|Definition||Video game company|
|Created games for||Atari 2600|
Starpath was a United States company known for creating the Starpath Supercharger in 1982. The company was founded in 1981 under the name Arcadia Corporation, but it changed its name to Starpath shortly after for trademark reasons (Emerson Radio Corporation had released a video game console named the Arcadia 2001). It was founded by Alan Bayley, Robert Brown and Craig Nelson.
The Starpath Supercharger was an add-on for the Atari 2600 video game console that expanded the machine's capabilities by adding more RAM, allowing for higher resolution graphics and larger games, and by providing a connector to which a cassette player could be connected, thus permitting larger games, stored on tape, to be loaded. The Supercharger was connected to the 2600's cartridge slot. This also resulted in the games for the 2600 being cheaper for the most part, as it was less expensive to produce tapes rather than cartridges.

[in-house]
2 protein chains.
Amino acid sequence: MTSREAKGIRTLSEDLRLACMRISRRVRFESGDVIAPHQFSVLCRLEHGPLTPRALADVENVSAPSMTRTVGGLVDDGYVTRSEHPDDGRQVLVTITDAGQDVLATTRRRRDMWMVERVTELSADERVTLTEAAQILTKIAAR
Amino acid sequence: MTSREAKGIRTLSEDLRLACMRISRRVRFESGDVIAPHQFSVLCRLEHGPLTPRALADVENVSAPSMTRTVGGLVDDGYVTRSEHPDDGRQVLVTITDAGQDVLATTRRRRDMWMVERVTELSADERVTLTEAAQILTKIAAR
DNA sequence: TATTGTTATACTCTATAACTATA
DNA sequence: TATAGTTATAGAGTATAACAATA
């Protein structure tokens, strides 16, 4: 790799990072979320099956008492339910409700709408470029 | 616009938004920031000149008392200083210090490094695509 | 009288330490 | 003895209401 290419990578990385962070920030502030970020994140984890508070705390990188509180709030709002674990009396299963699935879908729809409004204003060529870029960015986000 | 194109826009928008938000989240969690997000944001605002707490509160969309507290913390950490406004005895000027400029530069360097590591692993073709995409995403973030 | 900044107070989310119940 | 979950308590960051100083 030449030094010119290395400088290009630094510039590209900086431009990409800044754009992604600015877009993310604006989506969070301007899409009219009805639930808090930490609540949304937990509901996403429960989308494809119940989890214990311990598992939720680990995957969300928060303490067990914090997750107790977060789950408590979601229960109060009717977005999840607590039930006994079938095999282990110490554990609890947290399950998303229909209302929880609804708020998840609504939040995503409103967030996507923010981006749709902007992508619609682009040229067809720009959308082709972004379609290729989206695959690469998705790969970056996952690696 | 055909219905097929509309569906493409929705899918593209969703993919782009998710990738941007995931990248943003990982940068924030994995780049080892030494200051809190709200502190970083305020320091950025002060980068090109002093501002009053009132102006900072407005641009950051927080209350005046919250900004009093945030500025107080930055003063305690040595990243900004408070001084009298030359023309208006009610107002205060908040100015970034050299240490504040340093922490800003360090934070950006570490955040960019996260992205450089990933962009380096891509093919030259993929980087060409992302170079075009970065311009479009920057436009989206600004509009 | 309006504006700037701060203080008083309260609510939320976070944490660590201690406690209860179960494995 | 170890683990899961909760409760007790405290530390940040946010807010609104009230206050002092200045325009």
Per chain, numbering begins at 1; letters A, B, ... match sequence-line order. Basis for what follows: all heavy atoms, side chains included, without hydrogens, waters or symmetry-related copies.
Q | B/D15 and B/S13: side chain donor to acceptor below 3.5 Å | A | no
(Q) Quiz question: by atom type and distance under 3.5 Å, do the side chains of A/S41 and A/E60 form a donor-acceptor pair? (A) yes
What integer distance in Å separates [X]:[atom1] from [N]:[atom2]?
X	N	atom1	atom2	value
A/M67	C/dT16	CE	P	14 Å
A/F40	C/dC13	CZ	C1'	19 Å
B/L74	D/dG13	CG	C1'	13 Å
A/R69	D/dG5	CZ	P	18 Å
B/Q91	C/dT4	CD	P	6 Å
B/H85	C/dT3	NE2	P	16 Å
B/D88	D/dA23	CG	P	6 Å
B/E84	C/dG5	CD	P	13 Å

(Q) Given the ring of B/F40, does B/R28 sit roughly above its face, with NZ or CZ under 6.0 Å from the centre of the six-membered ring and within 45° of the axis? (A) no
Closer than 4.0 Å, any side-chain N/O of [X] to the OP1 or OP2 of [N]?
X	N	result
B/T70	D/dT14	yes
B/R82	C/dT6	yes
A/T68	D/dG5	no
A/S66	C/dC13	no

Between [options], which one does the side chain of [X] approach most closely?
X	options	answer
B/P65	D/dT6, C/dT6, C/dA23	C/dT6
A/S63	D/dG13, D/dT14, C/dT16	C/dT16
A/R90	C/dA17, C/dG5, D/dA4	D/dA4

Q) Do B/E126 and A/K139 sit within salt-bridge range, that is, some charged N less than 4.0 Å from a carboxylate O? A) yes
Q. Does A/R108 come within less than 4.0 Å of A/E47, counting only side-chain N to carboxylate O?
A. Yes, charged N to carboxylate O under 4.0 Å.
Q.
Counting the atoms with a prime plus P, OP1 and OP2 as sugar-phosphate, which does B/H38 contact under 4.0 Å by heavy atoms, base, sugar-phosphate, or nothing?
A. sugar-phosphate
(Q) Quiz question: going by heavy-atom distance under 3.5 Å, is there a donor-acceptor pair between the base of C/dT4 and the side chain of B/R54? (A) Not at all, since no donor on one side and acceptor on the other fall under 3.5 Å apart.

Due to the video game crash of 1983-1984, the Supercharger not selling well at a retail level (even though it was generally critically received), and Starpath not being able to pay back a $1 million (U. S.) loan from Bank of America, they merged with Epyx in 1983 after filing for bankruptcy. They only released a dozen games total. Rights to Starpath games are currently owned by Bridgestone Multimedia, a religious multimedia company.
Starpath Bottom of the Screen ShootersEdit